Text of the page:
further motions for rehearing shall be permitted.
Consolidated appeal from the Circuit Court for the
Seventeenth Judicial Circuit, Broward County; Thomas M. Lynch
V, Judge; L.T. Case Nos. 16-3306CF10A and 16-5007CF10A.
Haughwout, Public Defender, and Benjamin Eisenberg, Assistant
Public Defender, West Palm Beach, for appellant.
B. Moody, Attorney General, Tallahassee, and Rachael Kaiman,
Assistant Attorney General, West Palm Beach, for appellee.
ON APPELLANT'S MOTION FOR REHEARING, REHEARING EN
BANC, AND/OR CLARIFICATION
grant appellant's motion for rehearing and clarification,
and deny appellant's motion for rehearing en banc. We
substitute the following opinion for the opinion which we
issued on March 20, 2019.
defendant appeals from his conviction and sentence following
his no contest plea to crimes of a sexual and non-sexual
nature committed against a former romantic partner. The
defendant raises three properly preserved arguments: (1) his
scoresheet should not have included 160 sexual penetration
points, because he pled to an information which charged
"union or penetration" in the alternative, and at
no time during the plea did he admit that penetration
occurred; (2) if defense counsel, by stipulating to a factual
basis at the time of the plea, implicitly stipulated to a
penetration finding, then such stipulation was insufficient
to waive the defendant's right to a jury determination of
penetration; and (3) the trial court erred in denying the
defendant's Florida Rule of Criminal Procedure
3.800(b)(2) motion, which challenged the legality of various
costs. On the first two arguments, we affirm. On the third
argument, we agree that all but one of the challenged costs
require reversal and correction of the judgment.
begin by addressing the first two arguments on the
penetration issue, before addressing the third argument on
the costs issue.
stated above, defense counsel stipulated to a factual basis
at the time of the plea, thereby implicitly stipulating to a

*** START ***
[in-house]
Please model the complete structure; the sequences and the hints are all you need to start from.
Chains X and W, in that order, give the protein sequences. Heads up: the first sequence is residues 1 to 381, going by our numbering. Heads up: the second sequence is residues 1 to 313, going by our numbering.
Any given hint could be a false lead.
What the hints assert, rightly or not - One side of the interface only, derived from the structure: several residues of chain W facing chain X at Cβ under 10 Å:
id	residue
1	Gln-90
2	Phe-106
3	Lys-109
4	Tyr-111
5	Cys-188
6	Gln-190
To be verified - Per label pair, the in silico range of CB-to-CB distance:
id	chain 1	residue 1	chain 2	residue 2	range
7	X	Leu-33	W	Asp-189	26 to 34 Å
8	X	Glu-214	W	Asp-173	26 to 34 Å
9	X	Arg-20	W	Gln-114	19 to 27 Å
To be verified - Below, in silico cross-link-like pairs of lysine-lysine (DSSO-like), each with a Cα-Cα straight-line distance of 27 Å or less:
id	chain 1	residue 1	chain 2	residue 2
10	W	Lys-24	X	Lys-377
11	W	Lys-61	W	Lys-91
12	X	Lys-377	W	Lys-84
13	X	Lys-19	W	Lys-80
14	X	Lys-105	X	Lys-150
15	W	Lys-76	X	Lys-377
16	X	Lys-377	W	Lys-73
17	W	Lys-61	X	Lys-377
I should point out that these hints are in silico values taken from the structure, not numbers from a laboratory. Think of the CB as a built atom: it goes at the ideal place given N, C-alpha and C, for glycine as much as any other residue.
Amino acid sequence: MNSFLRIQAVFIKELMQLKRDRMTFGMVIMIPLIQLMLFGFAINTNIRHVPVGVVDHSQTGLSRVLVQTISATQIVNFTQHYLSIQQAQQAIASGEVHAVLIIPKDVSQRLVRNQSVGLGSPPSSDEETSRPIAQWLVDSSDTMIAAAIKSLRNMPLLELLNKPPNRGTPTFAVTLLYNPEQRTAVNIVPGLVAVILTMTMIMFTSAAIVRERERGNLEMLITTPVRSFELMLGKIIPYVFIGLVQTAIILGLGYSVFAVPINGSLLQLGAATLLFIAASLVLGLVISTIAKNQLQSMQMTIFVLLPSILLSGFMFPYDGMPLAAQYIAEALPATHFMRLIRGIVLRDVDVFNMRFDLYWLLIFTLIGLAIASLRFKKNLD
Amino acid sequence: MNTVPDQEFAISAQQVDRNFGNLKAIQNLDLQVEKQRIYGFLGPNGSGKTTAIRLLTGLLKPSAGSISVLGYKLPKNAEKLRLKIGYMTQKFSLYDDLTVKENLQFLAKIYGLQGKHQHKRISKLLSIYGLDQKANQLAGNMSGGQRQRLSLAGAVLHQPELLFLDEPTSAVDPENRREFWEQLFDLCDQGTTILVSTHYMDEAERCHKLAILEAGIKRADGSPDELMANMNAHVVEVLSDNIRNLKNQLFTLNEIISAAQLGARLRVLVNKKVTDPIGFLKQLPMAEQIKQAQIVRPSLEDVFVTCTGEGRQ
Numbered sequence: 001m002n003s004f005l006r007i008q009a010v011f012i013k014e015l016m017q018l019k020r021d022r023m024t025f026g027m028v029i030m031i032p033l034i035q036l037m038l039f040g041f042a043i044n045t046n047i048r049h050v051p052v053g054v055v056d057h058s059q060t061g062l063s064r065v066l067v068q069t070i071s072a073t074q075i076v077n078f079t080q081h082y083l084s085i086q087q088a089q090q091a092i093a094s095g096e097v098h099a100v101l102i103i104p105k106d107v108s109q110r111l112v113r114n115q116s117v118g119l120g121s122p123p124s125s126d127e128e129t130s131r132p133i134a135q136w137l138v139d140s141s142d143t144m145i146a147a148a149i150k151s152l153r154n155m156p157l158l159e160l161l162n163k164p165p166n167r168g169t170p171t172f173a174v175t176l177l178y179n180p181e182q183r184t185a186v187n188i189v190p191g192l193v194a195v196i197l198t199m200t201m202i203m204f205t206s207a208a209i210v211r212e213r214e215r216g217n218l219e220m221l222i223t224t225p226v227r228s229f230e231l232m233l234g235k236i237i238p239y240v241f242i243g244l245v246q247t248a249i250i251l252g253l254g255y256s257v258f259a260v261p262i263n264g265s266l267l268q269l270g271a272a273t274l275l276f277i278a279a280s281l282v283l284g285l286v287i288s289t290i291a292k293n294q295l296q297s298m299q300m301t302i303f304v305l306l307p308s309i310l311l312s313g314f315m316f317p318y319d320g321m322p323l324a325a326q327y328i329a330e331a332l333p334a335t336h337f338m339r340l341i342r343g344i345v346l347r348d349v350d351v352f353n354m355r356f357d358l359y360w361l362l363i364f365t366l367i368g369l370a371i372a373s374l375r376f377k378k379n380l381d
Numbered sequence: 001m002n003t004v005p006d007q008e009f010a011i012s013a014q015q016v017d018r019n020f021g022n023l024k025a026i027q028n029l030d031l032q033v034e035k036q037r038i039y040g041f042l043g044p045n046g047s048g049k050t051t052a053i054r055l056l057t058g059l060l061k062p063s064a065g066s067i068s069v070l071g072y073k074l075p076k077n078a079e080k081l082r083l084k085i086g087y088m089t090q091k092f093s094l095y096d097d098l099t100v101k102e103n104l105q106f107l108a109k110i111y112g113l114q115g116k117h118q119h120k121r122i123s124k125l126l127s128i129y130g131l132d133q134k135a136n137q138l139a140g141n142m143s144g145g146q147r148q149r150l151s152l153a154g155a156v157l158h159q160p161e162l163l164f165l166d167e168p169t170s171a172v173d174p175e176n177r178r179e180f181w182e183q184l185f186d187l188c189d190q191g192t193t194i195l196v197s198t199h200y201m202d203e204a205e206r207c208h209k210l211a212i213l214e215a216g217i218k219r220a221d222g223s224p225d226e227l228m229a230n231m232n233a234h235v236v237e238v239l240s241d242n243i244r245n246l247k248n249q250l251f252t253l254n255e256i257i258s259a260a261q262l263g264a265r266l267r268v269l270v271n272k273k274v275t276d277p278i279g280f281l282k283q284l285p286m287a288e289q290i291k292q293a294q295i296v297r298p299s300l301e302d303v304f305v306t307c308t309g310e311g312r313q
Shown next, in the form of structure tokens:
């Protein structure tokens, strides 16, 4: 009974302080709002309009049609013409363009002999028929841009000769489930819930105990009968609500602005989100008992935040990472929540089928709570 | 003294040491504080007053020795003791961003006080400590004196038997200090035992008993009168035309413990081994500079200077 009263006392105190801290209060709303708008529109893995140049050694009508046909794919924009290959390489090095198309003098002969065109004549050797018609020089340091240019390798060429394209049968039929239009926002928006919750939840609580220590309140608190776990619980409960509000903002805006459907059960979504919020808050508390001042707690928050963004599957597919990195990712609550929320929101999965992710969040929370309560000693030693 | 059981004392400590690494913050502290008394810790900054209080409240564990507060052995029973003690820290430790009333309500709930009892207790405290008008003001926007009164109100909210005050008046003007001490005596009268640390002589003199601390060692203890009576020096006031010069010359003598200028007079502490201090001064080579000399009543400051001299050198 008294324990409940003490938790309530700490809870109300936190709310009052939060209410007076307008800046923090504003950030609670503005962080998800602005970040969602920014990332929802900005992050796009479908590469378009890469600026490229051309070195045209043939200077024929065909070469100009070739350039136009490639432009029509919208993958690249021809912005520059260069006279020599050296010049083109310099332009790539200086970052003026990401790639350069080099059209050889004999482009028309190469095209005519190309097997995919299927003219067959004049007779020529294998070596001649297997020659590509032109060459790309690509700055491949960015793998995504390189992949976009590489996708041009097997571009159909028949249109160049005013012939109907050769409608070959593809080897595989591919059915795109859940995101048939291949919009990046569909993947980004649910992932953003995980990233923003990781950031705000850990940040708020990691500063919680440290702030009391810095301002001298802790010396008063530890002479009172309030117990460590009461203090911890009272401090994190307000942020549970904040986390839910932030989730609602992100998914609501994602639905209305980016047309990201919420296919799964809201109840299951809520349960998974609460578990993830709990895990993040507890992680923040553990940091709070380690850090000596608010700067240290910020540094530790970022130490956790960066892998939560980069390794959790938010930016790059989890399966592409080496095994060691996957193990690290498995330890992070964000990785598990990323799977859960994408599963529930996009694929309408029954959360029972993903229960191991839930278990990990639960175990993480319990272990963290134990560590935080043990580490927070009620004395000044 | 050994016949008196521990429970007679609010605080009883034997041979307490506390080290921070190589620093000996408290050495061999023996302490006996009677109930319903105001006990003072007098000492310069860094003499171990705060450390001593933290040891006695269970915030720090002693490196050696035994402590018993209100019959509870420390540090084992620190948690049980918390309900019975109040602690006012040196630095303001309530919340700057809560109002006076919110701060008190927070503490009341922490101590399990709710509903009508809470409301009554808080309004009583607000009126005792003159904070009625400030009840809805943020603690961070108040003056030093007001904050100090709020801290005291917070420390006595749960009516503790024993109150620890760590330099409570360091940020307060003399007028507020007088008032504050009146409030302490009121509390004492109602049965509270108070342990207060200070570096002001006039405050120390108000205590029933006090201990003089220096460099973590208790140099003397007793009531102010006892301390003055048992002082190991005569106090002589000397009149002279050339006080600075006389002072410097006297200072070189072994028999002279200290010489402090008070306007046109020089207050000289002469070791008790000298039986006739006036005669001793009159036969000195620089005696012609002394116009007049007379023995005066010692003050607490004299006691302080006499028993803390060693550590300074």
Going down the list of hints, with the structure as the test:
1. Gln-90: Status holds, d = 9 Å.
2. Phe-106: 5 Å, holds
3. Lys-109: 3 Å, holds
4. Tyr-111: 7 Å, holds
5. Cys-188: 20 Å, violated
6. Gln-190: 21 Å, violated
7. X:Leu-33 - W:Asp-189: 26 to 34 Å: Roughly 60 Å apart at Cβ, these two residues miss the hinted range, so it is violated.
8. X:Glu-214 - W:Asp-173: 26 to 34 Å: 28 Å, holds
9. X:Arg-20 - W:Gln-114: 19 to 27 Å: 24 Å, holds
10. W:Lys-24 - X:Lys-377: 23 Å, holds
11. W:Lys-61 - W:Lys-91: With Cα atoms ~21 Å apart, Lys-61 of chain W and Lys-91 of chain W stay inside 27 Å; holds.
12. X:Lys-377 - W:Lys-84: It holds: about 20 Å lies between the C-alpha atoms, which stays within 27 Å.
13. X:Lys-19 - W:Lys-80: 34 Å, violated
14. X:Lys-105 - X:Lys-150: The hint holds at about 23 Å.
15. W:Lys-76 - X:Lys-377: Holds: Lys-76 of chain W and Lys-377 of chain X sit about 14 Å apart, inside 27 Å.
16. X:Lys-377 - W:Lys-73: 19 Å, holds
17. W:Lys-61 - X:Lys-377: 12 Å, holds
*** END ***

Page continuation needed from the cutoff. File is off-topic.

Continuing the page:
penetration finding, which was reflected in the
scoresheet's inclusion of 160 sexual penetration points.
At no point during the plea colloquy, or the sentencing
hearing which immediately followed, did the defendant object
to his scoresheet's inclusion of 160 sexual penetration
points, in contrast to the information which charged
"union or penetration" in the alternative. Further,
during the sentencing hearing, the victim testified on direct
examination, without objection, that the defendant put his
penis in her vagina, and that the defendant put his tongue in
her vagina, without her consent in either instance. Defense
counsel's cross-examination of the victim also
acknowledged that one count was for "the penis and
vagina penetration" and the other count was for
"[the defendant's] mouth to [the victim's]
vagina." At no point did defense counsel challenge the
victim on any alleged lack of penetration in either instance.
Instead, defense counsel's main argument sought a
downward departure or other mitigation because the defendant
thought the sexual encounter was consensual.
v. State, 186 So.3d 593 (Fla. 4th DCA 2016), although
factually distinguishable, is illustrative here. In
Dames, the state charged the defendant with lewd or
lascivious battery and child abuse. Id. at 594.
Pursuant to a plea bargain, which greatly benefitted the
defendant, the state dropped the lewd and lascivious battery
charge. Id. In exchange, the defendant pled guilty
to child abuse. Id. The defendant also acknowledged
that he was originally charged with lewd or lascivious
battery and that he scored beyond the statutory maximum for
child abuse. Id.
the plea colloquy, the trial court explained that a child
abuse charge, involving a sexual penetration allegation,
carried a sixty-six month prison sentence. Id. at
594-95. Although the defendant never expressly admitted any
facts, he never contradicted the trial court's references
to sexual penetration. Id. Moreover, the defendant
did not object to his scoresheet, which included victim
injury points for penetration. Id.
the defendant violated probation and was sentenced based upon
the original scoresheet, which included the penetration
points. Id. at 595. On appeal, the defendant argued
that the trial court erred in assessing penetration points
because he never admitted penetration during his guilty plea